Supreme Court rules against California’s limits on in-home religious gatherings

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NOTE – In a recent PODCAST (‘THE POWER OF FAITH’) Savage speaks about the importance of gathering with others — the CONGREGATION — to magnify one’s experience of God.

The decision noted it was the fifth time the court has rejected the Ninth Circuit’s analysis of California coronavirus restrictions

The majority opinion added that the state can’t “assume the worst when people go to worship but assume the best when people go to work,” in a quote from a previous ruling.

The U.S. Supreme Court in a divided decision late Friday ruled in favor of lifting restrictions on in-home religious gatherings, overturning a lower court ruling that upheld Gov. Gavin Newsom’s limits on people from different homes.

The 5-4 unsigned ruling follows other similar decisions recently regarding churches and the coronavirus pandemic. The decision noted it was the fifth time the court has rejected the Ninth Circuit’s analysis of California coronavirus restrictions.

Chief Justice John Roberts dissented but did not sign the dissenting statement submitted by justices Elena Kagan, Sonia Sotomayor and Stephen Breyer.

The ruling stated that before it can limit religious gatherings, the government must prove they pose a greater danger than secular activities that remain open, such as shopping or attending movies.

“Otherwise, precautions that suffice for other activities suffice for religious exercise too,” the majority opinion said, adding that California “treats some comparable secular activities more favorably than at-home religious exercise, permitting hair salons, retail stores, personal care services, movie theaters, private suites at sporting events and concerts and indoor dining at restaurants to bring together more than three households at a time.”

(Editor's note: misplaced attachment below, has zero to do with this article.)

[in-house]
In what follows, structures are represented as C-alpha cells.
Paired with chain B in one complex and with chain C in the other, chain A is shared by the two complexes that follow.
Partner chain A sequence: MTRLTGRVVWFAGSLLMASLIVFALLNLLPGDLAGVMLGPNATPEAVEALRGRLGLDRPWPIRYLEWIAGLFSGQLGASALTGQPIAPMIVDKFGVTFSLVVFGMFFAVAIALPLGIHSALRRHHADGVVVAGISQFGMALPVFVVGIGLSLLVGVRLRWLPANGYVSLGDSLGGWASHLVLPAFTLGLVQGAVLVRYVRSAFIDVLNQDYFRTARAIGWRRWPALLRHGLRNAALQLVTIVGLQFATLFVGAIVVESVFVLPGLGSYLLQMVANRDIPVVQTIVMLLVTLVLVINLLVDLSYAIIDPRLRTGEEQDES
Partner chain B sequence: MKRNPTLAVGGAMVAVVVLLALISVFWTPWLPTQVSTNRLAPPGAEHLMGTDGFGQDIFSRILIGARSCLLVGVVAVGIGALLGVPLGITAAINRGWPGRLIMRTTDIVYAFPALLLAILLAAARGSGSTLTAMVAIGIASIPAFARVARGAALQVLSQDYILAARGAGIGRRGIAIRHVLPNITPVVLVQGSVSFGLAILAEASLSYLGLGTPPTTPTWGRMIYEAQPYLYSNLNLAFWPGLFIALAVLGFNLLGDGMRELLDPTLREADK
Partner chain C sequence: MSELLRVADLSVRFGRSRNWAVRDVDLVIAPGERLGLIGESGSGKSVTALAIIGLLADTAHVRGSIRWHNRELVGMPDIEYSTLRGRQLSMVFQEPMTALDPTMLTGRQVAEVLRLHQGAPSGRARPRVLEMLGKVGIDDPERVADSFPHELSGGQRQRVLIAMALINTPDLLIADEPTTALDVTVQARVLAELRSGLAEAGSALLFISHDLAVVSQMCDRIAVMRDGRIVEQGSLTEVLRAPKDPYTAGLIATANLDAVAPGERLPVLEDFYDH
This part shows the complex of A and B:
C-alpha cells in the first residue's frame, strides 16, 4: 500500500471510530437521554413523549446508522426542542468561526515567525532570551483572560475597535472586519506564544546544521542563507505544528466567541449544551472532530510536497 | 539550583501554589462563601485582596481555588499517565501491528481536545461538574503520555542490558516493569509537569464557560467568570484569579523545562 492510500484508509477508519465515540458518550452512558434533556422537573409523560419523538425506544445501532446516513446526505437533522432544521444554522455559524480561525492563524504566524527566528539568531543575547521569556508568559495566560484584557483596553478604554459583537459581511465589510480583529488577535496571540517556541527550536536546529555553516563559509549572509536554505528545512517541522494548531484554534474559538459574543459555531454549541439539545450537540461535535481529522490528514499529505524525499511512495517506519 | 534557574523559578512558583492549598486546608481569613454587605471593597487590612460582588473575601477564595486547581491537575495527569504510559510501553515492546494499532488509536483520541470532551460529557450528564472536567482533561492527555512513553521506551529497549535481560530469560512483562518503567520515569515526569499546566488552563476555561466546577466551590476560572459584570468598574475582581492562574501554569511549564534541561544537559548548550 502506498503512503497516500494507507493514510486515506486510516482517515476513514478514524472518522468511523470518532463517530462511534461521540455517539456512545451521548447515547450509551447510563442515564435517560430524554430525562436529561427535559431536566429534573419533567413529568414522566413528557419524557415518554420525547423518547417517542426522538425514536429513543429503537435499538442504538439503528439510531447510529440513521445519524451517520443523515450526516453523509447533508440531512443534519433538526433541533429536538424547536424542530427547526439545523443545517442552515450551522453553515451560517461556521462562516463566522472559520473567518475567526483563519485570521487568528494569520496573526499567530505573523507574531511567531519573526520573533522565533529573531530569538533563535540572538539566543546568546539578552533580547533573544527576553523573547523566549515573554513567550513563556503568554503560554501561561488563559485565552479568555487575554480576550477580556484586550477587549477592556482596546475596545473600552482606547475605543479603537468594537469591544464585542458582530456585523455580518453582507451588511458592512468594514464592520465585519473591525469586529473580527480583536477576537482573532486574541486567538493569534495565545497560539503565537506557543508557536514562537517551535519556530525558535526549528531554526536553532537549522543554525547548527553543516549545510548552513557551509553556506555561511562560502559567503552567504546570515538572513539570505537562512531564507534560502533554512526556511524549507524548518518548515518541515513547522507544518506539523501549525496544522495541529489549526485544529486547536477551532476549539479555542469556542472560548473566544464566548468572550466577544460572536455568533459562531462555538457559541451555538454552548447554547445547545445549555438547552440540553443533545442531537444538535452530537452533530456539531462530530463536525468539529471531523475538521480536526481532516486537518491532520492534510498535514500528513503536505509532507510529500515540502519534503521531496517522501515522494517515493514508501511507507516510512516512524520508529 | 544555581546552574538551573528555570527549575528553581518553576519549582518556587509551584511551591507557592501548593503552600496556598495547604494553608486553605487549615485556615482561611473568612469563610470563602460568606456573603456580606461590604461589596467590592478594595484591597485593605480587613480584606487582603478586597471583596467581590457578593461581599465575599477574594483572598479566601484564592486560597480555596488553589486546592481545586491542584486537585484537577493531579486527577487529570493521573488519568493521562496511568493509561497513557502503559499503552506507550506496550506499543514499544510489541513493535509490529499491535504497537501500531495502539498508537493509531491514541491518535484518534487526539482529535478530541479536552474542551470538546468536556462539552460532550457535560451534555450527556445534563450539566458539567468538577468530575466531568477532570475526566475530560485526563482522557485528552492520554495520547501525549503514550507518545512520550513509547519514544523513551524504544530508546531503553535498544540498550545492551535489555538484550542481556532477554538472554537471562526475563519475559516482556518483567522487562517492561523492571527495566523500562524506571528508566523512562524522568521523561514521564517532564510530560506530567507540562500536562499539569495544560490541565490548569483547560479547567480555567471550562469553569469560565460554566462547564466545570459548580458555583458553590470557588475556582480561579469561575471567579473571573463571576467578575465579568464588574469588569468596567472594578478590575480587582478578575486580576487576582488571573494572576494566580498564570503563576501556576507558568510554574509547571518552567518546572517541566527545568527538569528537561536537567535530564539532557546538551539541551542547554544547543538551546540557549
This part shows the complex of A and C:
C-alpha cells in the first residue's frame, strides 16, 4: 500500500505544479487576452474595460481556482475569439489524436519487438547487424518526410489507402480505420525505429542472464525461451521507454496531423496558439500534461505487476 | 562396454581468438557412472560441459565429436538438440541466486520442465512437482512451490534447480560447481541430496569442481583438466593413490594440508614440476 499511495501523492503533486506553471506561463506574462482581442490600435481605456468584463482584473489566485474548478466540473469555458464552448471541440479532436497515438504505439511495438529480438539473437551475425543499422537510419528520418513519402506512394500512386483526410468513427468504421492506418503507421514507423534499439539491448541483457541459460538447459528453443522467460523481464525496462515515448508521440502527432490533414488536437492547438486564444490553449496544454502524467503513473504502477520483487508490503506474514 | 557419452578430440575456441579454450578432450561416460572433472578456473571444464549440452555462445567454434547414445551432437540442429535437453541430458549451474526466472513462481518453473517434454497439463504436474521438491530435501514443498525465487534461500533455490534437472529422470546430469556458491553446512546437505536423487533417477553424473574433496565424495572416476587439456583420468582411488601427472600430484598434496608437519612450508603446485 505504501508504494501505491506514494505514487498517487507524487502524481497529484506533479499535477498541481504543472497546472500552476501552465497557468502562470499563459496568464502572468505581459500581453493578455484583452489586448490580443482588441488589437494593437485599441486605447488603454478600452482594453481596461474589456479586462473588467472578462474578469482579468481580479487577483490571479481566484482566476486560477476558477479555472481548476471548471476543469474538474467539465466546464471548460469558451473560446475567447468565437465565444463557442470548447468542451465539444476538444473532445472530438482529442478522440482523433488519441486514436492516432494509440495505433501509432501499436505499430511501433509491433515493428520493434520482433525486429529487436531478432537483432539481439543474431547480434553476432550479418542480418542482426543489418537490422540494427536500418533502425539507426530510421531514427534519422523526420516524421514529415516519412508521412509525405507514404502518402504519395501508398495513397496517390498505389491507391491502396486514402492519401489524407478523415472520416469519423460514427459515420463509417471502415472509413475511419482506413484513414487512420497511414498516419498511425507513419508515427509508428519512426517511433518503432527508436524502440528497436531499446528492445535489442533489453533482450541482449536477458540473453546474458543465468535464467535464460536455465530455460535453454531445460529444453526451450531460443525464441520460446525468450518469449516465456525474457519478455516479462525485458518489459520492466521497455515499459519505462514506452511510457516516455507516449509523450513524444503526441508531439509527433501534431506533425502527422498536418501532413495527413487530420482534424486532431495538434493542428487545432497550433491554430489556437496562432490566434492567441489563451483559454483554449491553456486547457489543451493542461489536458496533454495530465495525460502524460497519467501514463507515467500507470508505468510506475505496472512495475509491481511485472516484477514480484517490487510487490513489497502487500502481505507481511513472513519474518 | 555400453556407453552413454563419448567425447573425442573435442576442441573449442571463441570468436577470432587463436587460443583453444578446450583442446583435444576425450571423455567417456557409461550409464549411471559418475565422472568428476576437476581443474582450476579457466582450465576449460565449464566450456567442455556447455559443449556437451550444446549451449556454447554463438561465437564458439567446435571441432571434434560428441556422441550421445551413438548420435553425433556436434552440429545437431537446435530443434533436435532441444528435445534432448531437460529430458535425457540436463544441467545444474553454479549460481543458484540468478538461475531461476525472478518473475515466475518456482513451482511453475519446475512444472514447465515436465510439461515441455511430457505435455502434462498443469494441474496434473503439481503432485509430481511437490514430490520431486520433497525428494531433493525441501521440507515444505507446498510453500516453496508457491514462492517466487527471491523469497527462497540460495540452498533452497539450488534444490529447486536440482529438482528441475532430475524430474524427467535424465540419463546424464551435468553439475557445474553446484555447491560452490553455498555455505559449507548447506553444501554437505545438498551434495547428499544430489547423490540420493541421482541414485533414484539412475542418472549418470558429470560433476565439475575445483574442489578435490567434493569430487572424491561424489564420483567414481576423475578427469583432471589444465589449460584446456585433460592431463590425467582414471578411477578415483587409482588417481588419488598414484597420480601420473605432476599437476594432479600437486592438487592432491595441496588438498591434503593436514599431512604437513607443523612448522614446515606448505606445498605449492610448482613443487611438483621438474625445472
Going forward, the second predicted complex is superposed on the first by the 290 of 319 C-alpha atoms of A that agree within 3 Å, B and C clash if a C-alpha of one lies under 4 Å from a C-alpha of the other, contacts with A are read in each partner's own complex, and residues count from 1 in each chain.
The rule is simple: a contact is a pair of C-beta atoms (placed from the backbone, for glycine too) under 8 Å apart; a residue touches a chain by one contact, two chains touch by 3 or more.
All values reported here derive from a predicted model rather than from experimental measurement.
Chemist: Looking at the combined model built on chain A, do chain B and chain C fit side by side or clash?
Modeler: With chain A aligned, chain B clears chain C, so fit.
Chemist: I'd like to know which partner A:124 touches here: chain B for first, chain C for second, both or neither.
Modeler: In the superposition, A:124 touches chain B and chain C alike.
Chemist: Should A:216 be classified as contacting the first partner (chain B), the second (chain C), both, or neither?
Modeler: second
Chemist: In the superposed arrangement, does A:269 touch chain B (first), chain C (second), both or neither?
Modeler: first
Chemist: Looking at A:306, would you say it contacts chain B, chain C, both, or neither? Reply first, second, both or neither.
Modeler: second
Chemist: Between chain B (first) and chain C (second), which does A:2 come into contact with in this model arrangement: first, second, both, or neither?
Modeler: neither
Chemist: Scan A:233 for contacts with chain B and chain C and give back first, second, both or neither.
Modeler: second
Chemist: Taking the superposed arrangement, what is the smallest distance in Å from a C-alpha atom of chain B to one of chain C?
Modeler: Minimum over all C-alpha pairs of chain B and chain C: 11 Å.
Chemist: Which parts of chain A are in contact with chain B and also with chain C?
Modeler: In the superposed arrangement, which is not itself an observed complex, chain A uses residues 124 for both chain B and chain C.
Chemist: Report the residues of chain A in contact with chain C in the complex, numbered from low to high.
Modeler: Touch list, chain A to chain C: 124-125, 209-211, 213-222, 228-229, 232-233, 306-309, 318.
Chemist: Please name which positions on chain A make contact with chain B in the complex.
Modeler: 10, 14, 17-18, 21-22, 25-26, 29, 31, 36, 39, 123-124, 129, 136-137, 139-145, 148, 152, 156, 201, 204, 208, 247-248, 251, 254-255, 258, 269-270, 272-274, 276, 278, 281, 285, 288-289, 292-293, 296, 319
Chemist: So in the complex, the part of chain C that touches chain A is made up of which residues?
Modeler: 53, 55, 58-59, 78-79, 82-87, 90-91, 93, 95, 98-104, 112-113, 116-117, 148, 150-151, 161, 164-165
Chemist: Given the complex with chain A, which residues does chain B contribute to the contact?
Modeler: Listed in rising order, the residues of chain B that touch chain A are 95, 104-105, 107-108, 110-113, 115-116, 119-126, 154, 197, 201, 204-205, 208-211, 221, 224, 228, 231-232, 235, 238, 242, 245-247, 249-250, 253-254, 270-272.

The majority opinion added that the state can’t “assume the worst when people go to worship but assume the best when people go to work,” in a quote from a previous ruling.

Justice Elena Kagan, who ruled against easing restrictions along with Justices Stephen Breyer, Sonia Sotomayor and John Roberts, wrote in a dissenting opinion that the state has complied with the First Amendment because it also restricts secular at-home gatherings to three households.

California “has adopted a blanket restriction on at-home gatherings of all kinds, religious and secular alike,” she wrote in the dissent joined by Sotomayor and Breyer.

“The law does not require that the State equally treat apples and watermelons,” Kagan wrote, saying that in-home gatherings shouldn’t be compared to businesses.

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